The "punto guajiro" orchestra gives a special place to "claves", the universal instrument created in Cuba and consisting of two sticks with round corners in hard wood.

Both crash and make a singular sound. "Claves" is aimed to keep the compass, imposinga rhythmic tyranny over the other members of the team. They are forced to follow the "claves".

Another member of the almost hand-made instruments in the "punto guajiro" music is guiro (a.k.a. guallo), a minor percussive instrument of African origin.

It's made from an emptied and dried güira (the fruit of a Cuban tree, and in its front side there are slots producing a very doughy sound when scratched with a thin rod.

Güiro is an accompanying instrument and a close relative to the more famous worldwide: "maracas".

Savvy Argeliers Leon noted two kinds of "punto guajiro". One is the free punto (a.k.a. Pinar punto) and fixed punto, originated in the central provinces, an area covering Villa Clara, Cienfuegos, Sancti Spiritus, Ciego de Avila and Camagüey provinces.

Accordingly with its name the free punto has a more fluent and flexible music and its air is slower, as instruments are slightly scratched because they are following the singer and notes are scarce.

The fixed punto lets the improviser to keep and equal air and exact measure, according to experts, and guitars and lute keep on working and clave doesn't stop playing.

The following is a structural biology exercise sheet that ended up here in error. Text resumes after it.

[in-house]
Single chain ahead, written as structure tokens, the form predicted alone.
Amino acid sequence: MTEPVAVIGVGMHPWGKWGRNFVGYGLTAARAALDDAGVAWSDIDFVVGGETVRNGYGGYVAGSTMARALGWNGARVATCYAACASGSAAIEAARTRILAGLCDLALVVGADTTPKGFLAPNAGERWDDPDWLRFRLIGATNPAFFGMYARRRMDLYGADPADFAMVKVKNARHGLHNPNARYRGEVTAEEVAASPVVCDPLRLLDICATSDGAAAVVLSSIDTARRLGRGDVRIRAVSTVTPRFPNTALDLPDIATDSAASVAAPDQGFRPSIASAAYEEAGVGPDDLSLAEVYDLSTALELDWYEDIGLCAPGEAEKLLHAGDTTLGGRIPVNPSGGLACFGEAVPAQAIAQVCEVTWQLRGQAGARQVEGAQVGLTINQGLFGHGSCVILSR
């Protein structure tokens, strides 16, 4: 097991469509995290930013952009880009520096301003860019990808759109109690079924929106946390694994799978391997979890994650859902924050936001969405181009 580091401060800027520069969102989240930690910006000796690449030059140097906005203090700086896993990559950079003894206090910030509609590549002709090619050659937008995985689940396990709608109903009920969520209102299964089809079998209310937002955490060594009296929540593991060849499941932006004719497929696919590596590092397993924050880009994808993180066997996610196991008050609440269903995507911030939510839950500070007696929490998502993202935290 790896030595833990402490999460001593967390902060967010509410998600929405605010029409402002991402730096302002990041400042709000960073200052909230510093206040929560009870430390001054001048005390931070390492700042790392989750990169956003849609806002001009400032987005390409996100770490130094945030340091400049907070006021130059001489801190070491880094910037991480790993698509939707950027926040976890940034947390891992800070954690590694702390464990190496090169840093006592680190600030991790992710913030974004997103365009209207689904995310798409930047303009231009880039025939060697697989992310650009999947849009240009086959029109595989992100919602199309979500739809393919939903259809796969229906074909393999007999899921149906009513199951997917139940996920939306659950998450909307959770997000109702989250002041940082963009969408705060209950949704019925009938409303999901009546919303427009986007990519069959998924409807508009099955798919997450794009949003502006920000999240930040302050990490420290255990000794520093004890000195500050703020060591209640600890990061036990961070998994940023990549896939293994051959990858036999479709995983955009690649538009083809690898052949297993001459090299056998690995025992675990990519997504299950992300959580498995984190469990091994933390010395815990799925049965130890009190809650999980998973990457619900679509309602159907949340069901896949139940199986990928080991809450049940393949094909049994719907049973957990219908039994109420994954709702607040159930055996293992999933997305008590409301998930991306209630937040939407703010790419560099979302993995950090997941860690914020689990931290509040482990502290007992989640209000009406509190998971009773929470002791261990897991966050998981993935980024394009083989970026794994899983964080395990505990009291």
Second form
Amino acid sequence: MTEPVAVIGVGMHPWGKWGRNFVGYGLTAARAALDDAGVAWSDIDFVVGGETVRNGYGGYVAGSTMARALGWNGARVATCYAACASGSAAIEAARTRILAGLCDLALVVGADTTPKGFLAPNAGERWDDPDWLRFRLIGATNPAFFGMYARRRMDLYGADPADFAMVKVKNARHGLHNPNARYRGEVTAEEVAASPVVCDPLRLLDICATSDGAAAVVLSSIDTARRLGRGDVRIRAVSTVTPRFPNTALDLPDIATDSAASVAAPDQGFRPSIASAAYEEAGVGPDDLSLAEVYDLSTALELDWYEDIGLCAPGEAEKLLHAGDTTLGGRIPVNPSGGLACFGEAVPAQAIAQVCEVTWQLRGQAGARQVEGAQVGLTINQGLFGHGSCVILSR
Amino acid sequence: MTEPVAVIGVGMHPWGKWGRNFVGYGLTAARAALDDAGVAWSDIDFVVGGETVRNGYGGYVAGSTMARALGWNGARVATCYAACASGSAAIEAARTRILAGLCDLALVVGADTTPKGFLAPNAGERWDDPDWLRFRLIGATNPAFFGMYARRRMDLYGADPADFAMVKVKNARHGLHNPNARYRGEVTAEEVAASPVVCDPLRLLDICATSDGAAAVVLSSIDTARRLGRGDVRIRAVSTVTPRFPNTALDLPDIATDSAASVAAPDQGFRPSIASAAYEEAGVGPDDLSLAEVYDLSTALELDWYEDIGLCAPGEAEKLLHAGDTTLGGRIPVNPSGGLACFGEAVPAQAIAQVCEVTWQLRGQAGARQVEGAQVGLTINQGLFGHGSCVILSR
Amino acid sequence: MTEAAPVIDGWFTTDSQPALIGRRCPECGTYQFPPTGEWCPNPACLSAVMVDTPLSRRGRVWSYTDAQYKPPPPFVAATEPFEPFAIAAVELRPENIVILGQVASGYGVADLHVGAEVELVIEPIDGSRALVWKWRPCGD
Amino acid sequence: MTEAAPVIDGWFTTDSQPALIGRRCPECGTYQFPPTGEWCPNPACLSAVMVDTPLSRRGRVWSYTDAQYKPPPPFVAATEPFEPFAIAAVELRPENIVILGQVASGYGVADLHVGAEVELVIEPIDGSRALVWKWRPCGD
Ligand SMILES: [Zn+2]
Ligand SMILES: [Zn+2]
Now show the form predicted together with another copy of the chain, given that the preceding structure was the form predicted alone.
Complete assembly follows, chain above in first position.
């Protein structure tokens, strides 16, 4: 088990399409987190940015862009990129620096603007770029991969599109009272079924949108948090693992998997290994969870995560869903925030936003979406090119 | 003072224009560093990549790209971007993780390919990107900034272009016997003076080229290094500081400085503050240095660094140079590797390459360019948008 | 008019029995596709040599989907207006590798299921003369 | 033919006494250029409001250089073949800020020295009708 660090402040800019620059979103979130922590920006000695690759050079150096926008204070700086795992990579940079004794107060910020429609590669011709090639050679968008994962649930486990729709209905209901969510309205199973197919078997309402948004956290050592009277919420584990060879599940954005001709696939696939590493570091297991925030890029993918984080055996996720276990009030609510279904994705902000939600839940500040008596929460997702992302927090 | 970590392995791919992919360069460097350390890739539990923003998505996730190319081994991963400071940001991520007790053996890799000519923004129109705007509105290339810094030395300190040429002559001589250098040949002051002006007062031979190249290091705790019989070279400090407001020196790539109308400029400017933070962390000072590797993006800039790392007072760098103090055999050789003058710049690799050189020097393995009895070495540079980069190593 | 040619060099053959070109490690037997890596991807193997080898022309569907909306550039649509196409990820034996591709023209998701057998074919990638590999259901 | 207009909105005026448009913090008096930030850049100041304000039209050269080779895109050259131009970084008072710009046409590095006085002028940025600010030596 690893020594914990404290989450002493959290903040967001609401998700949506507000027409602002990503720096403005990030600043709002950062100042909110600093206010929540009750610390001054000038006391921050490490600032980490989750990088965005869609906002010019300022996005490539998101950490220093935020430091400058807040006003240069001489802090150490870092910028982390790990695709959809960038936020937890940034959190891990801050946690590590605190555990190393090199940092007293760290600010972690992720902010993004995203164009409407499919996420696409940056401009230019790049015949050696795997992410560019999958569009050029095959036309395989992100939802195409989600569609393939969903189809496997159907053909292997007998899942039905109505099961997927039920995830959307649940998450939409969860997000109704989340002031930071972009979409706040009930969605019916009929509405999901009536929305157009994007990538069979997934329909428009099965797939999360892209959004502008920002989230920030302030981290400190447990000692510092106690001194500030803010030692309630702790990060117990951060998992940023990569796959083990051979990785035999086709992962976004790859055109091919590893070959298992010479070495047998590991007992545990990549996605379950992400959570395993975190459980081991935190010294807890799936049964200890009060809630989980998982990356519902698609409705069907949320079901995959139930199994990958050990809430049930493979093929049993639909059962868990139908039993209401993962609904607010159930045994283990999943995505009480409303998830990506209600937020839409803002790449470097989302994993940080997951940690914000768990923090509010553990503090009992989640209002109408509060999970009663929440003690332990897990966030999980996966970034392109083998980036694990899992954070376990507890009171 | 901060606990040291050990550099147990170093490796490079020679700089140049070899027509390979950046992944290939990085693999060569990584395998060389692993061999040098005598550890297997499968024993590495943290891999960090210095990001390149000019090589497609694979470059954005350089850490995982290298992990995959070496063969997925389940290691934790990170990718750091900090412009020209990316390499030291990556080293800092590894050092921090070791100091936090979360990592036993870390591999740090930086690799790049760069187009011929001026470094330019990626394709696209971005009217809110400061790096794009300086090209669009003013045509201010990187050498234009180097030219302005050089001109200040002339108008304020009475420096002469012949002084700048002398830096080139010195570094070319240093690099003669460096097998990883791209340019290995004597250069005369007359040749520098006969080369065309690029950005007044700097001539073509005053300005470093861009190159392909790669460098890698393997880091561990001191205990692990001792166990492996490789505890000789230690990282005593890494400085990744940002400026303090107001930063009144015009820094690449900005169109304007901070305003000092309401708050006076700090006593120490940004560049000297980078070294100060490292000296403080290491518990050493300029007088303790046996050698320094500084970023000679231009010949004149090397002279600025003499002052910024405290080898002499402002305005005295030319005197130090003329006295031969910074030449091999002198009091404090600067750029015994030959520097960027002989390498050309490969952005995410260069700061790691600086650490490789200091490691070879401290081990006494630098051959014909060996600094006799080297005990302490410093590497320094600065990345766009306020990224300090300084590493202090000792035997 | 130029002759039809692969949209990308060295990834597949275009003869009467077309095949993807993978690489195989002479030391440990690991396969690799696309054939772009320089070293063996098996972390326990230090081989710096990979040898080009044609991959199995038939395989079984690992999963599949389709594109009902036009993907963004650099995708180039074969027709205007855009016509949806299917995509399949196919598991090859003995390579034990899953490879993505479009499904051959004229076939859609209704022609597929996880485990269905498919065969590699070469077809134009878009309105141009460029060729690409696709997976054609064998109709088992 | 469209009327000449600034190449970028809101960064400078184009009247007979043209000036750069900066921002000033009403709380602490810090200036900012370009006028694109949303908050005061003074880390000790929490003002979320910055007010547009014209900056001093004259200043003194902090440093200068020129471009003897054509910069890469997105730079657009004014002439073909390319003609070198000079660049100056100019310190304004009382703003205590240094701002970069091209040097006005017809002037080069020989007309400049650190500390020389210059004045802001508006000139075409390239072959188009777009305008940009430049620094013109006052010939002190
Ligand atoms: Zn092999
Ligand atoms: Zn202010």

This is the reason for this kind of punto to be also known "as punto clave". Some other variants are the so-called punto espirituano or the punto matancero.

A variant to the fixed punto is the "punto cruzado", in which the singer follows the accompaniment rhythmically. Another very popular, but not so easy to tame is "seguidilla" or several decimas with no interruption.

The decimal is the lyric style to sing "punto guajiro" in quartets, so singers are called "decimistas or repentistas". The texts describe daily life in a sort of social chronicle.

They are often dedicated to the beauty of the Cuban countryside and the Cuban women. But the top for "punto guajiro" are the controversies.

This is the confrontation of two or more poets to see who can produce the best rhymed decimas and often starting from the final verses of the rival.

These controversies are held with each other having their own audience and fans, perfectly distinguished with a neckerchief, most of the times red for one group and blue for the other.

One special kind of controversy is the "pie forzado" in which a poet, after finishing his quartet, left an idea for the other ended in vowel or consonant and the later must follow it without changing ideas or rhymes.

Cuba has produced many famous improvisers but in the last half century two couples excelled. One includes two youngsters (now middle-aged): Omar y Jesus.

But, the decimistas everybody remember when talking about controversies are Justo Vega and his eternal foe in arts, but good friend in life, Adolfo Alfonso.

The two departed only when Vega died, several years ago. Alfonso, although a pensioner, is still coming to "Palmas y Cañas", the oldest program on Cuban TV, to please fans with his poems.

"Punto guajiro", like William Shakespeare's Montescos and Capuletos legend, keeps popularity along because it is a combination of love-hate proposals.